In science as in art, one’s contribution is always based on one’s cultural and scientific inheritance. Instead of embracing one’s heritage, one’s quest for authenticity may translate into a rejection of one’s legacy—the relationship between the two notions here turns out to be one of conflict and opposition. The adjective “authentic” can qualify something that is perceived as true, pure, original, or even in keeping with reality. Therefore, to refuse one’s heritage would be a means for artists and others to remain true to the spirit of their time by looking to reach a deeper, more substantial level, like Virginia Woolf who criticized the literary heritage of her predecessors in her essay “Modern Fiction.” She regrets the incapacity of the fossilized forms of fiction to allow for the expression of “an essential thing” that would be real—life or authenticity: “Whether we call it life or spirit, truth or reality, this, the essential thing, has moved off, or on, and refuses to be contained any longer in such ill-fitting vestments as we provide.” Woolf’s criticism of her literary heritage leads to a reflection on genres, forms, styles, and types of narration that would be more capable of capturing reality. How can one present or represent authenticity in literature? Does this necessarily entail distancing oneself from one’s literary heritage? To repudiate one’s heritage can be akin to liberating oneself when this heritage was built on social and political structures of oppression. The choice of the authentic seen as true and original can be interpreted as an act of political or artistic emancipation. On the contrary, proponents of some artistic or literary movements have openly presented themselves as the heirs of previous artists, as though authenticity necessarily dwelt in a past that is sometimes idealized. As such, can authenticity be rooted solely in the present, or is it intrinsically inseparable from our heritage?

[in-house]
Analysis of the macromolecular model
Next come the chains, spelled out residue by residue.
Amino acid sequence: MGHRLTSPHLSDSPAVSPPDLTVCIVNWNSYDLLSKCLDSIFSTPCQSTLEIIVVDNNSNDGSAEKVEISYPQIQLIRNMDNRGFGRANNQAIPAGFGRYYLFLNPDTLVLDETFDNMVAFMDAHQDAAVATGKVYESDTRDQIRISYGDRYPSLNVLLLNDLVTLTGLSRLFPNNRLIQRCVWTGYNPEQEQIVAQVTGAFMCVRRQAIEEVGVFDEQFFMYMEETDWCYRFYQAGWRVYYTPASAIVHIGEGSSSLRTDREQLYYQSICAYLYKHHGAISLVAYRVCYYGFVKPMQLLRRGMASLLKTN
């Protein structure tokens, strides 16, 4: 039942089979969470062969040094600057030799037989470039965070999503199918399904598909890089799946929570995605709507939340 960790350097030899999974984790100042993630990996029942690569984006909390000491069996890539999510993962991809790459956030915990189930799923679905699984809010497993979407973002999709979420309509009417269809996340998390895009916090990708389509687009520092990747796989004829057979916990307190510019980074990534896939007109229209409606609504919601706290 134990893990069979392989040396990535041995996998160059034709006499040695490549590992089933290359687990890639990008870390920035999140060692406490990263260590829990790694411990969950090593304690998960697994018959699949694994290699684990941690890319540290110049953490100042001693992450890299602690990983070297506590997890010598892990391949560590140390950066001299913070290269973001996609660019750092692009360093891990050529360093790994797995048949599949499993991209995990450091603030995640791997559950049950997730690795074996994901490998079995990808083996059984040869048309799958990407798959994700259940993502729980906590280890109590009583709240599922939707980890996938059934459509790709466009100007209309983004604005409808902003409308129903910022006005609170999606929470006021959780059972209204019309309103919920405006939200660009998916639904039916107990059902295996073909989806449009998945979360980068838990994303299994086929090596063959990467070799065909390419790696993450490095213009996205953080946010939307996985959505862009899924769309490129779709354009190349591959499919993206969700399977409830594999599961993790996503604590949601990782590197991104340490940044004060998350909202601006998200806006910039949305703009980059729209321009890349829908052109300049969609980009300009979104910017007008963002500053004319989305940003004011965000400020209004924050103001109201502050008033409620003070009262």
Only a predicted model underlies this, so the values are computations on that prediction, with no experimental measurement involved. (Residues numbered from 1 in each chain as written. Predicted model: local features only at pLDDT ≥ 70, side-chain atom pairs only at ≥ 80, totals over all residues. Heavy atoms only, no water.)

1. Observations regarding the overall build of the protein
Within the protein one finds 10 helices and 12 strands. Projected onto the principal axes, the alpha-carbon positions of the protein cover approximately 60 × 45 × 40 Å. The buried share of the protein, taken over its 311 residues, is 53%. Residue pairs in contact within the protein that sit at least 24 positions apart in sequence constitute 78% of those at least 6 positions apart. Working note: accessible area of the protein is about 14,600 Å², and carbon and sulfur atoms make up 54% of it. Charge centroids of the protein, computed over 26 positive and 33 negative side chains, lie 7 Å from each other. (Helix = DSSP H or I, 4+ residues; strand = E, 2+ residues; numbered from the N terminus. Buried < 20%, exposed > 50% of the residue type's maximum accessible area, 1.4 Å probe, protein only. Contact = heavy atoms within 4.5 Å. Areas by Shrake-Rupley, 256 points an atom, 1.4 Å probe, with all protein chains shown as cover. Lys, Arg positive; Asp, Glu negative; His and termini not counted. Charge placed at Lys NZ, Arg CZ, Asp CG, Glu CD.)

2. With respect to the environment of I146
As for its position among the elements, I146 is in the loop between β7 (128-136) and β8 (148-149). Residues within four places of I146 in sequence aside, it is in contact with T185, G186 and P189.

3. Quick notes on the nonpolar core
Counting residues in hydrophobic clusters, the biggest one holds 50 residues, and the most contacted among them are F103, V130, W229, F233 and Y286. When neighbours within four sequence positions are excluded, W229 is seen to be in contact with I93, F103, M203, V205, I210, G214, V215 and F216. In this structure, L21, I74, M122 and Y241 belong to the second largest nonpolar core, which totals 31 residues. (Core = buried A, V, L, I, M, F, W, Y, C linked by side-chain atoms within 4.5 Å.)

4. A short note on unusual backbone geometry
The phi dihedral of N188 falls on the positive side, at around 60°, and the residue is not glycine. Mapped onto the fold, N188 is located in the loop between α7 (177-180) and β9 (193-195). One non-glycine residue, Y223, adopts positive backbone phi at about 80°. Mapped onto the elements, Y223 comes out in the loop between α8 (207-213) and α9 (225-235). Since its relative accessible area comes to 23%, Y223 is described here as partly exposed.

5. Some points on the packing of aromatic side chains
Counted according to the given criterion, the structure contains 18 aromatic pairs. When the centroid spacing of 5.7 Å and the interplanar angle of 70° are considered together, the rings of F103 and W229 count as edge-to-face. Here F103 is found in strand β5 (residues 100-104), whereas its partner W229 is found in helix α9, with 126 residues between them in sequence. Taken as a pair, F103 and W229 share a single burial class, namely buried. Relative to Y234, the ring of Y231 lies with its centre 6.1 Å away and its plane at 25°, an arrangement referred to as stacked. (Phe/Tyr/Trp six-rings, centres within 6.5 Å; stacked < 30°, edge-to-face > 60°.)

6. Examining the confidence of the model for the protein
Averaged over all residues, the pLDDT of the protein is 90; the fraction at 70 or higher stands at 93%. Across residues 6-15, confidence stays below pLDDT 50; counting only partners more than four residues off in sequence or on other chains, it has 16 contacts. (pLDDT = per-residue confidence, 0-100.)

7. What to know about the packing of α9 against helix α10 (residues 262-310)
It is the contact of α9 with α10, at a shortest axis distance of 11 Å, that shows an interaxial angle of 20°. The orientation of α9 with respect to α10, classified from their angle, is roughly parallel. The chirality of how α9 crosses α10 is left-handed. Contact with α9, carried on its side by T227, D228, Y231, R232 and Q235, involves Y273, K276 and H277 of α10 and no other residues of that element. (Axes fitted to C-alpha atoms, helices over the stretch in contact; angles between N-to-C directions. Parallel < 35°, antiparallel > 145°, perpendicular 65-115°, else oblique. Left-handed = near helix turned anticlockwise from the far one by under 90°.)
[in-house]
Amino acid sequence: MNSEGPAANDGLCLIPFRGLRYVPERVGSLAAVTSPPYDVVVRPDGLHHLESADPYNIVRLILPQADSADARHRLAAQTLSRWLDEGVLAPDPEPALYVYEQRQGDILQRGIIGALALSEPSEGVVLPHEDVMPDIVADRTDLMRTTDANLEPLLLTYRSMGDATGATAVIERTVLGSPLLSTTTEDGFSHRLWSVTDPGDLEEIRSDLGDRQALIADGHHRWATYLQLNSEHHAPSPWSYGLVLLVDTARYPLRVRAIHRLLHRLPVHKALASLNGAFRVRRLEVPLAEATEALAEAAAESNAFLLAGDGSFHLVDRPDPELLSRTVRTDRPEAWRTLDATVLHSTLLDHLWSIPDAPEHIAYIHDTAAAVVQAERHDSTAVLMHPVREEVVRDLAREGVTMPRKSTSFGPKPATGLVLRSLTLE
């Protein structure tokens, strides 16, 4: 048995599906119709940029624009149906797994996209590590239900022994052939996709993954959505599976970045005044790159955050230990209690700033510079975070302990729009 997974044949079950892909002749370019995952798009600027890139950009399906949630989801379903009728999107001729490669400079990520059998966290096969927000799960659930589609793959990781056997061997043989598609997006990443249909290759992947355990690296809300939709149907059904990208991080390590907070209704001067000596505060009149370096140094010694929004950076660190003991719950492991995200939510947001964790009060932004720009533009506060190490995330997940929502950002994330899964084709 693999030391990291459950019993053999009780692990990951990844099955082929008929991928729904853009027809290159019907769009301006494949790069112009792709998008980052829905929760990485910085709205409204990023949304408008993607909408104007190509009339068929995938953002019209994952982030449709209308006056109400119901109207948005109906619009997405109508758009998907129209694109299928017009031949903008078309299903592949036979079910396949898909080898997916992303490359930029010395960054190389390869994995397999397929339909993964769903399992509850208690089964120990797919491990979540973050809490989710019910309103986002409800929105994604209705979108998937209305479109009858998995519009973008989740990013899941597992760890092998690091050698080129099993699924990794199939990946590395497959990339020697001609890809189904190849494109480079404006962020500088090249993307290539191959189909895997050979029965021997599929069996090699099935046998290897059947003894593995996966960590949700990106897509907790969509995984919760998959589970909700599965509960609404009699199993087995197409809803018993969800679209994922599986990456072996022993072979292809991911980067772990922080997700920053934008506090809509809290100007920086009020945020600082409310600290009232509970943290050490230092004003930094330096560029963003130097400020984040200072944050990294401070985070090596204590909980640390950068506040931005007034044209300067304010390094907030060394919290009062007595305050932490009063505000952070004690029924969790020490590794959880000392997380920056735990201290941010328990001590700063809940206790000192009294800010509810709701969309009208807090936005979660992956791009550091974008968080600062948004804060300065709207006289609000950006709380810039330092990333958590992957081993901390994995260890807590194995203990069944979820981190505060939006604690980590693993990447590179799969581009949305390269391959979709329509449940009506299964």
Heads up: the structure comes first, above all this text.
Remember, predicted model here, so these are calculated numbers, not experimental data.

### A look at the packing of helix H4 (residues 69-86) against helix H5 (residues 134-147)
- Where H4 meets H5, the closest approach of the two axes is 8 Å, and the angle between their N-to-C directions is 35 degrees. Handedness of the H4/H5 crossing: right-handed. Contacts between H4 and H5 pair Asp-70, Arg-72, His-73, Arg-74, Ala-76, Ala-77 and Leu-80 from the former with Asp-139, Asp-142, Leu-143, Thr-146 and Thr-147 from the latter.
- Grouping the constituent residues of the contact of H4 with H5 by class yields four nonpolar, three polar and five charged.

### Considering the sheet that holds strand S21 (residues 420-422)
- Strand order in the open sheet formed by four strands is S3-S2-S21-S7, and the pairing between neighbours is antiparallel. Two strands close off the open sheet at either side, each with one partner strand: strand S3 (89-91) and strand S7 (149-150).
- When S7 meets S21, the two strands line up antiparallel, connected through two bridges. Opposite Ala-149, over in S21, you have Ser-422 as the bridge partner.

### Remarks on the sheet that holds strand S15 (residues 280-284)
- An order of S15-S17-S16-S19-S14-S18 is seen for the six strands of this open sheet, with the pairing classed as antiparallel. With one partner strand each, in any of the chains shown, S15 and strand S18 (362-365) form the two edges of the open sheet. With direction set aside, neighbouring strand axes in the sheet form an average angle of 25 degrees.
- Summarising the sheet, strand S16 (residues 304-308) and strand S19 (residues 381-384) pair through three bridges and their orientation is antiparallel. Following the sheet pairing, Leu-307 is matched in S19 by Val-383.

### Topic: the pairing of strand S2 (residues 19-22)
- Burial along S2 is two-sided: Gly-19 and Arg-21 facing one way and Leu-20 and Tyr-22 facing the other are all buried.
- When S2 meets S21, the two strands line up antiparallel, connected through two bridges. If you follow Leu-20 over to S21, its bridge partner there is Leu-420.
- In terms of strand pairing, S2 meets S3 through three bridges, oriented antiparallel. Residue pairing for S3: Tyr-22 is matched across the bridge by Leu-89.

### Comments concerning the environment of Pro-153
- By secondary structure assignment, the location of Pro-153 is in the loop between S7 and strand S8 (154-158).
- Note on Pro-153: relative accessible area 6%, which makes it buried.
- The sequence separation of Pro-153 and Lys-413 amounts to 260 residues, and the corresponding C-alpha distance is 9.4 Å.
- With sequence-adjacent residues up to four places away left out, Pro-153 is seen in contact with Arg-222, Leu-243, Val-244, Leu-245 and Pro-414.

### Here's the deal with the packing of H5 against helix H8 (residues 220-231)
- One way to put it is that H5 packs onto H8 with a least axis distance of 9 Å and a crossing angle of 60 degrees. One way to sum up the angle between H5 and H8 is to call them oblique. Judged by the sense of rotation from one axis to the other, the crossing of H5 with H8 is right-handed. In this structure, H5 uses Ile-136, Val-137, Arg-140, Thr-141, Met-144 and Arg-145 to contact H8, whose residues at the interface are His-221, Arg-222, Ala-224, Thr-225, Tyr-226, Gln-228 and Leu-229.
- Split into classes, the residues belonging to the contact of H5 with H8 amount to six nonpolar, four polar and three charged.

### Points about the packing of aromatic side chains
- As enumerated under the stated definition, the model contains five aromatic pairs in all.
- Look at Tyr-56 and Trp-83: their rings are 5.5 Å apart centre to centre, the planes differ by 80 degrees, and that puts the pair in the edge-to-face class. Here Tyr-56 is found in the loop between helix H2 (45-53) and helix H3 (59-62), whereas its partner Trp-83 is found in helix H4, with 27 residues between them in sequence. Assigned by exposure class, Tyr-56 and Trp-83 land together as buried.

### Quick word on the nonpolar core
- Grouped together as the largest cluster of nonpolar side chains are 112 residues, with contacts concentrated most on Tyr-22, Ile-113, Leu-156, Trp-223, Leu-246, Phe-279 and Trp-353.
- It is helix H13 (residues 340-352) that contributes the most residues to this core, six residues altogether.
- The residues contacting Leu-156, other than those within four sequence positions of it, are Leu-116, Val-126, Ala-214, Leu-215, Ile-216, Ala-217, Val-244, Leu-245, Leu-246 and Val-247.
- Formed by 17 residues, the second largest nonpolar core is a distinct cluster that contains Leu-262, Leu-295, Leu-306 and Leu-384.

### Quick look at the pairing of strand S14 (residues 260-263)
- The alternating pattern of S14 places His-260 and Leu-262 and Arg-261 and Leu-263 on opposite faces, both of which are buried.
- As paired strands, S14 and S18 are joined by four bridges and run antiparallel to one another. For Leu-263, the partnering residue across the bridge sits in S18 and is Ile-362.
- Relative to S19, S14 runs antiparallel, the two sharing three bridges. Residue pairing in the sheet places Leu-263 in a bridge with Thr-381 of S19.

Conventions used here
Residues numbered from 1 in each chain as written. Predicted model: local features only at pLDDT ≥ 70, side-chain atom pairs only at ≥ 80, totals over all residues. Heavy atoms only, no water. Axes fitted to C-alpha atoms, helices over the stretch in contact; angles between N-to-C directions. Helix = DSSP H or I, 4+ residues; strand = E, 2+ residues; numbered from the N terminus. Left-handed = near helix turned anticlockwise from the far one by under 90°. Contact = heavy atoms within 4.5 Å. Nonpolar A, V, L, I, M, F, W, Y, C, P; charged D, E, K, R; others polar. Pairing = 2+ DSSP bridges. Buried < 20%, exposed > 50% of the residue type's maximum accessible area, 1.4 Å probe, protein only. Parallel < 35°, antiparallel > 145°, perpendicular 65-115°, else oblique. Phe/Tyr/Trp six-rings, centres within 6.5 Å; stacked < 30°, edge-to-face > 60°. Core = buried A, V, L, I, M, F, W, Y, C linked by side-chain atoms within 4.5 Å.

Selective bibliography:

AYNÈS Laurent. L'Authenticité : Droit, Histoire, Philosophie. 2e édition. Paris (France) : La Documentation Française, 2013.   

 BRENNA Brita, Hans Dam Christensen et Olav Hamran, ed. Museum as Cultures of Copies: The Crafting of Artefacts and Authenticity. Londres : Routledge, 2019. 

CASSELY Jean-Laurent. No fake©, Paris (France), Arkhê, 2019.

GUICHARD Charlotte. De L'authenticité : Une Histoire Des Valeurs De L'art (XVIe-XXe Siècle). Paris (France): Publications De La Sorbonne, 2014.    

HOBSBAWN Eric et RANGER Terence, dir. The Invention of Tradition. Cambridge, Cambridge University Press, 1983.

JONES Siân et Thomas Yarrow. The Object of Conservation: an Ethnography of Heritage Practice. Londres : Routledge, 2022. 

LIPOVETSKY Gilles. Le Sacre de l'authenticité. Gallimard, Bibliothèque des sciences humaines, 2021.

LOVELL Jane et Chris Bull. Authentic and Inauthentic Places in Tourism, From Heritage Sites to Theme Parks, Londres : Routledge, 2017. 

MONK Claire et Amy Sargeant. British Historical Cinema the History, Heritage and Costume Film. Londres :  Routledge, 2002. 

MELOT Michel. « Qu’est-ce qu’un objet patrimonial ? », Bulletin des bibliothèques de France (BBF), 2004, n°5, p. 5-10.

ORVELL Miles. The Real Thing: Imitation and Authenticity in American Culture, 1880-1940. University of North Carolina Press, 2014.

 PHILLIPS Ruth B. et Christopher B. Steiner, ed. Unpacking culture: Art and Commodity in Colonial and Postcolonial Worlds. University of California Press, 1999.

TRILLING Lionel. Sincerity and Authenticity. Harvard UP, 1971.

ZHU Yujie. Heritage Tourism: From Problems to Possibilities. Cambridge University Press, 2021.


Submission process

We invite proposals for 20-minute presentations in French or in English. Although this conference is primarily for PhD students and young doctors specializing in the English-speaking world, it is open to all.

Proposals may address, without being limited to, the following themes:

-          The role of literature and the arts in the transmission and/or creation of an authentic heritage, be it individual and/or collective.

-          The forms, genres, and styles used to pass on an authentic heritage; the writing of the self.

-          Identity, ideological, and political uses made of heritage and authenticity, for instance in colonial and post-colonial contexts.

-          Heritage, authenticity and time: schism, continuity, variations.

-          The inauthentic, the fake, the false.


A 250-word abstract and a short biographical note (150 words) should be sent by October 31, 2023 to:

Fees and accommodation: No participation fee is asked. Traveling and housing expenses are not covered by the organizing committee. Lunch will be offered to the participants.

Organizing committee: Jeanne Barangé, Yanis Ben Hammouda, Rose Borel.